Train Track Heroin Market

Discarded syringes that previously were found near near train tracks in Philadelphia.  Workers have since cleaned up the open-air heroin market that has thrived for decades along a set of train tracks a few miles outside the heart of Philadelphia. (AP Photo/Matt Rourke)

"You do what you've got to do for your kids, in hopes that they make it."

260 miles: that's how far Jackie Hudiburg had to travel daily to and from Lewes to Northeast Philadelphia so her son, Sam*, now 19, could attend The Bridge Way School, the area's only recovery high school that aims to continue education programs for teens while also providing them with the necessary supports to overcome an addiction.

"The longer you can have kids in like a supportive recovery environment, the better off their chances are so I was like alright, we'll do this," said Hudiburg.

The drive could take 2 1/2 hours one-way depending on conditions, and when it became too hard, they uprooted their regular lives.

"We came up to Hockessin, stayed with my sister-in-law from Monday to Thursday, so when he left school Thursday, we would travel back down to the beach, which we'd stay for the weekend," she said.

Even from Hockessin, Jackie drove her son every day.

"I wasn't working during those four days, which was really difficult," she said. "It was difficult, I mean you're living in someone else's house, my sister-in-law, and her family, she has three kids, so it's a little crazy."

Hudiburg said her son suffered from social anxiety, insomnia, and exercised isolating behaviors in middle school.  As he aged, Sam developed depression in high school and started smoking pot as a freshman at Cape Henlopen High School, using the drug as a coping mechanism.

The combination of behavioral health and substance abuse issues presented a challenge for Hudiburg.  

"I could see it," she said.  "His dad is still an active alcohol-addict, so I know what it looks like...I saw it progressing, and that scared me."

After seeing substance abuse counselors in West Chester, Pennsylvania, she sent her son to Newport Academy in Connecticut, a residential treatment center for kids with substance abuse and mental health issues.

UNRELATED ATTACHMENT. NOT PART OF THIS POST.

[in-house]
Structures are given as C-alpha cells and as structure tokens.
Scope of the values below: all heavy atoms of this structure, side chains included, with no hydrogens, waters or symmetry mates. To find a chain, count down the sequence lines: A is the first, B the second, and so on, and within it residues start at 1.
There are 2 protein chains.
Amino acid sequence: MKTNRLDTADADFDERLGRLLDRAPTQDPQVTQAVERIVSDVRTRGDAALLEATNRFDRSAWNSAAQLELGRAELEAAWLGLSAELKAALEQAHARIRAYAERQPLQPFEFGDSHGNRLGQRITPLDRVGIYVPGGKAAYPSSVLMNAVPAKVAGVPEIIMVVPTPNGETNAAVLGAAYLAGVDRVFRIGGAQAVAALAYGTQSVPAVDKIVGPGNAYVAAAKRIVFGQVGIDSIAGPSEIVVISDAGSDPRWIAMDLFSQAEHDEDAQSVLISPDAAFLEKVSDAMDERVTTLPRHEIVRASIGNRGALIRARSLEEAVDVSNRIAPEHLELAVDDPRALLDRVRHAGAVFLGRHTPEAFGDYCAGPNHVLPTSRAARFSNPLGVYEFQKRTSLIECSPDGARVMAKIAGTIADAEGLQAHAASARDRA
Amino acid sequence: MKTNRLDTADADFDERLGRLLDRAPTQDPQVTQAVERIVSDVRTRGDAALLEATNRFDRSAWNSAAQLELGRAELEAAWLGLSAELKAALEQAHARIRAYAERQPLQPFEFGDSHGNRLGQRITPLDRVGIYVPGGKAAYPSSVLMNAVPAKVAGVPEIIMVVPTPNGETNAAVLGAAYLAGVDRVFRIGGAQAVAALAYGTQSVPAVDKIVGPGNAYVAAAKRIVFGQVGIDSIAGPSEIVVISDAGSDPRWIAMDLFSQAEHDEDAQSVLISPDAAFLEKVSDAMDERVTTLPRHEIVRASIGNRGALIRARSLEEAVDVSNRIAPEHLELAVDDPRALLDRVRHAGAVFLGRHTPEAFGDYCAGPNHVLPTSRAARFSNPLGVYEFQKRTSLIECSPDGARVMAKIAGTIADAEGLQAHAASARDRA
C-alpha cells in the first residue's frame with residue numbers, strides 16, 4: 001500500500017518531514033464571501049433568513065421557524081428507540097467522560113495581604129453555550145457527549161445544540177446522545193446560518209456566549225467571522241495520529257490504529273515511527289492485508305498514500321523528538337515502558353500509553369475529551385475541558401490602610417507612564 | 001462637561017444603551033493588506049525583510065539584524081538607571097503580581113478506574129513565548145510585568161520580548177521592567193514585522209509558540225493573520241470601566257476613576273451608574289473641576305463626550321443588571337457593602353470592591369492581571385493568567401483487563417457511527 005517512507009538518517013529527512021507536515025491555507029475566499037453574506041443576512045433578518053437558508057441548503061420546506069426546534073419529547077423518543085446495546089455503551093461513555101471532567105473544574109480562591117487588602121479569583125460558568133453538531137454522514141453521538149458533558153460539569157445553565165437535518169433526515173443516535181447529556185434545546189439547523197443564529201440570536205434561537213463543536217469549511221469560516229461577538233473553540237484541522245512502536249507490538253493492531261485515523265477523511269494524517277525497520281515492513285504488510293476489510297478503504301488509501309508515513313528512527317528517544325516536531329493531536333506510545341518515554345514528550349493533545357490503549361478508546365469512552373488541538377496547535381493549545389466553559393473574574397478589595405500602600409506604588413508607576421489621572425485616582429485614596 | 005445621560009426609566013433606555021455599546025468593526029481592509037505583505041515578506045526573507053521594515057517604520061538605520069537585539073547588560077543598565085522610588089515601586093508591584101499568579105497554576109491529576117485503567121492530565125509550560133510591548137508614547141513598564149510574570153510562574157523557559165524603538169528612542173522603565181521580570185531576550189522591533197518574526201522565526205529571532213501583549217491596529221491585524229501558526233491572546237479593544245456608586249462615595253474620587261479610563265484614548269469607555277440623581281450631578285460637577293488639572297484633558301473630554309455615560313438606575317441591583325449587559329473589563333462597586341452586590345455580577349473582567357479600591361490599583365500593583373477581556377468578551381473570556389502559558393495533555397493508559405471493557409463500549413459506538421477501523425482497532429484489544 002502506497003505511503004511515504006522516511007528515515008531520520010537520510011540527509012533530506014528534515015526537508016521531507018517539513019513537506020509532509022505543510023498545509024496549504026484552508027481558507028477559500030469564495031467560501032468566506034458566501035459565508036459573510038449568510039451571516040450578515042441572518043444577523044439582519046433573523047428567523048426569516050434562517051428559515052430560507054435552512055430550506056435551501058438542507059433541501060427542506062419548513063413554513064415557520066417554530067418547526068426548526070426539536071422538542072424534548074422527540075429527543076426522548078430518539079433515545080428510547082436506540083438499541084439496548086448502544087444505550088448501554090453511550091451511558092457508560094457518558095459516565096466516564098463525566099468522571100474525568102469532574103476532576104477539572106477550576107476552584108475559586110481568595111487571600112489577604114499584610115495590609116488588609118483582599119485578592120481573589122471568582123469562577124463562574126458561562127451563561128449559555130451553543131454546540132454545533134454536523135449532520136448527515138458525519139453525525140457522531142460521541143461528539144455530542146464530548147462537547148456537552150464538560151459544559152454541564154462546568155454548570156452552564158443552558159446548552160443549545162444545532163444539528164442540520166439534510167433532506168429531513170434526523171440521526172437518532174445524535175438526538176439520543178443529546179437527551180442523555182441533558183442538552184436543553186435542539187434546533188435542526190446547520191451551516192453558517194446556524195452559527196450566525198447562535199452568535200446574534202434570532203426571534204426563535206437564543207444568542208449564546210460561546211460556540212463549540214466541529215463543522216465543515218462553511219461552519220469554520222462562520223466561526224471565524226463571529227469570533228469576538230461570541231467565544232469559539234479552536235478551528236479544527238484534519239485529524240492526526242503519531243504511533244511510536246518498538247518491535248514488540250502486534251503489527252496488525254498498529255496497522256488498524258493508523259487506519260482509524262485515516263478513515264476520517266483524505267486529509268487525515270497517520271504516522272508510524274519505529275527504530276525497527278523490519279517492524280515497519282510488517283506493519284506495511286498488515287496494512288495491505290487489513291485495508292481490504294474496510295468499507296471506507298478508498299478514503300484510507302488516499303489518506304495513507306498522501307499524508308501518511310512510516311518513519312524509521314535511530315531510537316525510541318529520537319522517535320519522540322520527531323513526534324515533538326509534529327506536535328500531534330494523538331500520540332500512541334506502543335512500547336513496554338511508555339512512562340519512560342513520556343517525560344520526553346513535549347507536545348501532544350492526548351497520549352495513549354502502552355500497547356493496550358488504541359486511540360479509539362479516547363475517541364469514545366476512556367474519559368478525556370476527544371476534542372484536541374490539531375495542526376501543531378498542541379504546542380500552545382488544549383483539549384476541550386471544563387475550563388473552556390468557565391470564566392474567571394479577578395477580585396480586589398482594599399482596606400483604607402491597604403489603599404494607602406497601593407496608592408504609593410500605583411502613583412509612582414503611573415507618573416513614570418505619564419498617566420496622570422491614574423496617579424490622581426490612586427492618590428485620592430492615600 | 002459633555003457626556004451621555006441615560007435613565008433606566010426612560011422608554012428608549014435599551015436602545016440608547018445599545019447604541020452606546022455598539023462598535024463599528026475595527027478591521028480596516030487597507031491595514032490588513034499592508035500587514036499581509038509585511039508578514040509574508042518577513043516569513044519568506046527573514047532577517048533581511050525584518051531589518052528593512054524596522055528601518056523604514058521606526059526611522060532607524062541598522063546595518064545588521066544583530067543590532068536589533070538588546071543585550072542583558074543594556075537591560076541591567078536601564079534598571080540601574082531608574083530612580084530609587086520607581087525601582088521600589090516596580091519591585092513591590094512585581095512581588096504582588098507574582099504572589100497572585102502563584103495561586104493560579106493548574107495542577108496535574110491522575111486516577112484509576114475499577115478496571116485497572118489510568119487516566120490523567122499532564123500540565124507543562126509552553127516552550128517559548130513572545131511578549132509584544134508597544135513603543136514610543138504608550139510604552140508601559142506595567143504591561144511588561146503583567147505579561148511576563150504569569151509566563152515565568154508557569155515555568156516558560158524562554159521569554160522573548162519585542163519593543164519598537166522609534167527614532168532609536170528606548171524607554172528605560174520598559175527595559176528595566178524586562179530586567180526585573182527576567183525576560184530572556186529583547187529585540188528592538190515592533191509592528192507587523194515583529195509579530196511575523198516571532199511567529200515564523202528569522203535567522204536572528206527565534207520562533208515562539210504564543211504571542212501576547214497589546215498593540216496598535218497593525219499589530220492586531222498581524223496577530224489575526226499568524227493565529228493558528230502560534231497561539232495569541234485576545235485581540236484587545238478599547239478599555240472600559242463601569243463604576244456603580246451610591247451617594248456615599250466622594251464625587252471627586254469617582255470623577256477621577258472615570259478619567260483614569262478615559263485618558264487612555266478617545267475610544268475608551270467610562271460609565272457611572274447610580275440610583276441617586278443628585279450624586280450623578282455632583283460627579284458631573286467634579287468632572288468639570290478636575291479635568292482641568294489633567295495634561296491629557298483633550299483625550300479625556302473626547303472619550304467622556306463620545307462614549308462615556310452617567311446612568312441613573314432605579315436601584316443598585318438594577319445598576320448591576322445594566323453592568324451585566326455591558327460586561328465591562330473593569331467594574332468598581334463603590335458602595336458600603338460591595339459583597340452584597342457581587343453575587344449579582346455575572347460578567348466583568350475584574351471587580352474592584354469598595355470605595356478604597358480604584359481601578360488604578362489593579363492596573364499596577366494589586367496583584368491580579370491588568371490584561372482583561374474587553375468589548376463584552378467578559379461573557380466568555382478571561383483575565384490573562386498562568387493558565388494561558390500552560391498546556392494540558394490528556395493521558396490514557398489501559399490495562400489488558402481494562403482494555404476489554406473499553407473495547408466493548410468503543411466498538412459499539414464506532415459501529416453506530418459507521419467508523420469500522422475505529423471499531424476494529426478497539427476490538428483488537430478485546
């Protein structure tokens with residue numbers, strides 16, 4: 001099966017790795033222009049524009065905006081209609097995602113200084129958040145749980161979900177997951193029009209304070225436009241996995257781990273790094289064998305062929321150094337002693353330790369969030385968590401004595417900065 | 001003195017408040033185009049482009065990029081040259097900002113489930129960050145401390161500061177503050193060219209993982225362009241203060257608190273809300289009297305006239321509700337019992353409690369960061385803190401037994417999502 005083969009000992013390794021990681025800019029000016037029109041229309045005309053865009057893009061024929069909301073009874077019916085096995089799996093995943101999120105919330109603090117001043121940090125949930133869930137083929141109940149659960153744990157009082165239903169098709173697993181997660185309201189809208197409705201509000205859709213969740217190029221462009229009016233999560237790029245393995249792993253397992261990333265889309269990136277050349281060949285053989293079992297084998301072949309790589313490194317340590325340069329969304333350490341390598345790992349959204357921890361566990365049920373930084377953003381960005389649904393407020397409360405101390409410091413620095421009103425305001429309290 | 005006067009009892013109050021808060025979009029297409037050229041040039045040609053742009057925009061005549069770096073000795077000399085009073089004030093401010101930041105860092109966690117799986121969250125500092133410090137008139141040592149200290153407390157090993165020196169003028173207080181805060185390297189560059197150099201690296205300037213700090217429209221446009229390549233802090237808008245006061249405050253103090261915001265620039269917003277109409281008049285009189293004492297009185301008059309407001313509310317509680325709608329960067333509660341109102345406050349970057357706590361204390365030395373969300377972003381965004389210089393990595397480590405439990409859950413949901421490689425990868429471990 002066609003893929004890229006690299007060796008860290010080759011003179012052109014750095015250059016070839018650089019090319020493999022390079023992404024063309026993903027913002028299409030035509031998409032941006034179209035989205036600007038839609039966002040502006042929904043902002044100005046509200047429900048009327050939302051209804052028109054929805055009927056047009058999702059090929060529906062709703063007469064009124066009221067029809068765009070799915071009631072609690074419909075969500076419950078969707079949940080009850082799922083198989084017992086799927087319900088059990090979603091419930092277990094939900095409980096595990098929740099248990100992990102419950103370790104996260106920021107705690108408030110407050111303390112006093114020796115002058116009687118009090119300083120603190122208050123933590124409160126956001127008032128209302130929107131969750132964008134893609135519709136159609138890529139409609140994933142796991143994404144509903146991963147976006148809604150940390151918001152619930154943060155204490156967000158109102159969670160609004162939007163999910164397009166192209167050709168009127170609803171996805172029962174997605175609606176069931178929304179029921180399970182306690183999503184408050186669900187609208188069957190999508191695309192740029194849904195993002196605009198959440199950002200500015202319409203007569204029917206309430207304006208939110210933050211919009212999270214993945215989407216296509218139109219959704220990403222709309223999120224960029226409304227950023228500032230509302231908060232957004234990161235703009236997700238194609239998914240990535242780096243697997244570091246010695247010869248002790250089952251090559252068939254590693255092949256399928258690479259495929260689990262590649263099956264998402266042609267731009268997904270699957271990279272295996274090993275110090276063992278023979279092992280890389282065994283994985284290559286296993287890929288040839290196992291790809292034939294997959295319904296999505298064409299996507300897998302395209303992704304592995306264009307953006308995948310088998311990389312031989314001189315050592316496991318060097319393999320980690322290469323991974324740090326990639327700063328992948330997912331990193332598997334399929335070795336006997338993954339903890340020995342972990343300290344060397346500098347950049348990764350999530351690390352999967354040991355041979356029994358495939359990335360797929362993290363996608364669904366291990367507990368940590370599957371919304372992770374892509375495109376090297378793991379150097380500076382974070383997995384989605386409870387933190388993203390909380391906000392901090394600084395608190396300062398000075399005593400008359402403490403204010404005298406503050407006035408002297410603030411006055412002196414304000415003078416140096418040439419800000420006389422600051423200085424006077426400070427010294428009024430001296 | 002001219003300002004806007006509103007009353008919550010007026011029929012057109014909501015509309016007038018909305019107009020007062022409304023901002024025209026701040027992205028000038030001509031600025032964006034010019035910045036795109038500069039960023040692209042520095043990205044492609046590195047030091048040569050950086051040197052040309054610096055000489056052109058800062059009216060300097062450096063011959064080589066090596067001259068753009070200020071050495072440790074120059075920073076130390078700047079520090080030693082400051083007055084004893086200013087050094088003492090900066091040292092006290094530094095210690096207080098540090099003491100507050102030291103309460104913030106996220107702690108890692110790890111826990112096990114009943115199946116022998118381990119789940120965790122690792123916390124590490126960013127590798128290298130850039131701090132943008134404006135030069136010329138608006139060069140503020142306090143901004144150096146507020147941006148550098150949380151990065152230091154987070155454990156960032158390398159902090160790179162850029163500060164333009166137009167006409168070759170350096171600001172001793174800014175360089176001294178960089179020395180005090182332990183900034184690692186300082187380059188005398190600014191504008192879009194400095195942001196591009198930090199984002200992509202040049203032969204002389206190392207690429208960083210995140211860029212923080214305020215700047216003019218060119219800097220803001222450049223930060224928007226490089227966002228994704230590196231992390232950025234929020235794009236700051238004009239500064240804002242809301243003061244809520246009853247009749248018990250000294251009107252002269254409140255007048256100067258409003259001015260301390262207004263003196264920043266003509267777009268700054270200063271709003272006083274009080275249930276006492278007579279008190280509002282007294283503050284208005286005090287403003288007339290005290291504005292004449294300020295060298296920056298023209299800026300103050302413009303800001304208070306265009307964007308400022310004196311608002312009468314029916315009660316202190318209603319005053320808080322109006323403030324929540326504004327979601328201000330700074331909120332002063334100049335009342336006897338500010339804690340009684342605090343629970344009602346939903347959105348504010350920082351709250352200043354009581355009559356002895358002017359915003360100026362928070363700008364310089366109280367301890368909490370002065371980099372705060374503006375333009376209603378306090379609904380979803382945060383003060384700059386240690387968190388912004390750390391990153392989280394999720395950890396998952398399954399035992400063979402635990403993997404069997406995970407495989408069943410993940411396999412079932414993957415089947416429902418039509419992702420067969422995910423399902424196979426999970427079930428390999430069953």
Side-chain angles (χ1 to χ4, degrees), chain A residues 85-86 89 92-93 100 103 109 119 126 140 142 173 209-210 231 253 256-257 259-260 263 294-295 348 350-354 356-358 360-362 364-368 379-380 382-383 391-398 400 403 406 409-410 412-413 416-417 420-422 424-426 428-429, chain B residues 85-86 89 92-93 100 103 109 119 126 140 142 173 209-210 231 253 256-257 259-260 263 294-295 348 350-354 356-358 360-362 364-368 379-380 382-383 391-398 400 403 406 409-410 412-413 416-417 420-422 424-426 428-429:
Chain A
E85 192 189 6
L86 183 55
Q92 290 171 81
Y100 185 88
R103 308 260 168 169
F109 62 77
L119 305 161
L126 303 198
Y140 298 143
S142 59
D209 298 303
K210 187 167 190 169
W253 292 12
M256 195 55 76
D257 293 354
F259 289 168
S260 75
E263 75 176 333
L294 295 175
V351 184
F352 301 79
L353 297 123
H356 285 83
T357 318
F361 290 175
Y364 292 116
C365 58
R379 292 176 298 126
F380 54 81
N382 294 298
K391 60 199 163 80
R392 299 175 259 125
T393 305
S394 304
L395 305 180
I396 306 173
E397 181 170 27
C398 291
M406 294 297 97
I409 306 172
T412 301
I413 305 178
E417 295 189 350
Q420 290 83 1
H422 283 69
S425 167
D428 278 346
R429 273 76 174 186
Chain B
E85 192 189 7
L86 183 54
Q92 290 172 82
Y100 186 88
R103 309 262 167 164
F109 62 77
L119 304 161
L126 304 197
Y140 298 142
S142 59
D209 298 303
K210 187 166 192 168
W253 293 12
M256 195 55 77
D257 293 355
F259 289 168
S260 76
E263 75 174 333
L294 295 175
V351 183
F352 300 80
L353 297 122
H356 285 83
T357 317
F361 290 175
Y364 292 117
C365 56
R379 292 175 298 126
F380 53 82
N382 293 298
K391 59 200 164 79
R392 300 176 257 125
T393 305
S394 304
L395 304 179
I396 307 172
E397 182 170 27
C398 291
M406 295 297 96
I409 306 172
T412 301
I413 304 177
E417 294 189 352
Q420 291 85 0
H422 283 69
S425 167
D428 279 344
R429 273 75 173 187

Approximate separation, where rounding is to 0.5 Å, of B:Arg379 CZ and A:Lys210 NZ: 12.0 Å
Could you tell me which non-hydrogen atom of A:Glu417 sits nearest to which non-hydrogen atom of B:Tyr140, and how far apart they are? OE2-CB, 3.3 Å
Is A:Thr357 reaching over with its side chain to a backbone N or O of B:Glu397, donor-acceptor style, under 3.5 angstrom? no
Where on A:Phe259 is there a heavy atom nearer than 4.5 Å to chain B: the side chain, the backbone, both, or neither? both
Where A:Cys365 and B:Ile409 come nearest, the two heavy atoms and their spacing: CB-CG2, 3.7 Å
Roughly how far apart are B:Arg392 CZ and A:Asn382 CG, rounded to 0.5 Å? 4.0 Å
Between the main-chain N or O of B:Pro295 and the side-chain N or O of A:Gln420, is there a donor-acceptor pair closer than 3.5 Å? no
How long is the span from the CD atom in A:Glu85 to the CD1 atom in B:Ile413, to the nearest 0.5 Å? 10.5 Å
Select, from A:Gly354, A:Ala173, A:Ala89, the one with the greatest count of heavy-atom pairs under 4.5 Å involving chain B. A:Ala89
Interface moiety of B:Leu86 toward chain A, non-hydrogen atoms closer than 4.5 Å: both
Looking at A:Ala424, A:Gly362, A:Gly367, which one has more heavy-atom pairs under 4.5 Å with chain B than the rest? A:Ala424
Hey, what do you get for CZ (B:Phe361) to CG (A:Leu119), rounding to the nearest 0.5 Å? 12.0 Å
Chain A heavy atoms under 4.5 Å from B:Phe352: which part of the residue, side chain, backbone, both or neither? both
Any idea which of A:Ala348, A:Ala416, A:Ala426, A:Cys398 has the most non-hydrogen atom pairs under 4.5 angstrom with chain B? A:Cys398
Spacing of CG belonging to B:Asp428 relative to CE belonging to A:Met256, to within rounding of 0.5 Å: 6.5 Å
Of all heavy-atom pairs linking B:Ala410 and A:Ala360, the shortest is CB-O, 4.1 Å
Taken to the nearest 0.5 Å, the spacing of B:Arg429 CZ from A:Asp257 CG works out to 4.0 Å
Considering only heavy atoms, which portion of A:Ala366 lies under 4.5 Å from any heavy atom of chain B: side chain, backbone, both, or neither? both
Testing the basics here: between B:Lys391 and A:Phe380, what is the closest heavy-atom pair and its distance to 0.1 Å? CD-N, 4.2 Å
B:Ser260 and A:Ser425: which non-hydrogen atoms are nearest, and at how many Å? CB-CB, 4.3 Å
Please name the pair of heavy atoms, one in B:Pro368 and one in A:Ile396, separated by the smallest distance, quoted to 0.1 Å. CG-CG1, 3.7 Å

She had to fight with the state of Delaware to pay for his out-of-state treatment after she had already tried a state hospital that didn't work for her son. Sam was at Newport Academy for more than two months, where he also enrolled in online schooling.

"I was very nervous about bringing him back to Lewes, it's small, there's not a lot of support there, there's not any kind of recovery--meetings, groups for kids his age, so I knew it was going to be really hard," said Hudiberg.

That's when she found Bridge Way and her lengthy commute began.

"Coming out of residential treatment, it gave him the support of peers, for one, because that's huge," said Hudiburg. "They're teenagers, so they need each other, and I think Bridge Way is great because they did groups with the kids, which I think is really important for them to hear each other's stories and what's going on so that it normalizes it for them."

"When he came out of Newport and not had the support of Bridge Way...he may have gotten further behind in his school than he was," she said. "I don't know how he would've progressed, and he may've fallen back into old patterns way quicker...Bridge Way was a part of our process."

Attending school in a small classroom setting free of distraction was very helpful too, she said.

"It was the first time that he did really well, so to him, he was so excited that he was doing so well, and he realized that he actually could. So yeah, I think there's a lot of benefits to recovery school and what Bridge Way gave to him."

Sam graduated from Bridge Way, but only because he was able to do online schooling and Skype into classes when living in a home that wasn't his became too stressful, and the commute too daunting.

But no doubt if Delaware had a recovery school:

"It would've been a heck of a lot easier. It definitely would've made things easier because traveling up to Northeast Philadelphia was tough."

But without Bridge Way:

"I really did not believe he was going to graduate, I mean I didn't think he was going to make through high school so I thank God for Bridge Way."

Hudiburg said her son is doing well now.

"It's a miracle," she said.

After graduating from Bridge Way, her son headed to Idaho, where he's been since March to attend a young adult transitional program, a year-long program for kids with mental health issues. The three-step program involves intensive, transitional, and aftercare. He's entering the third-phase, a more independent life, where he'll get his own apartment and complete his personal training certification. 


*Editors Note:  Sam's real name has been changed to protect his identity.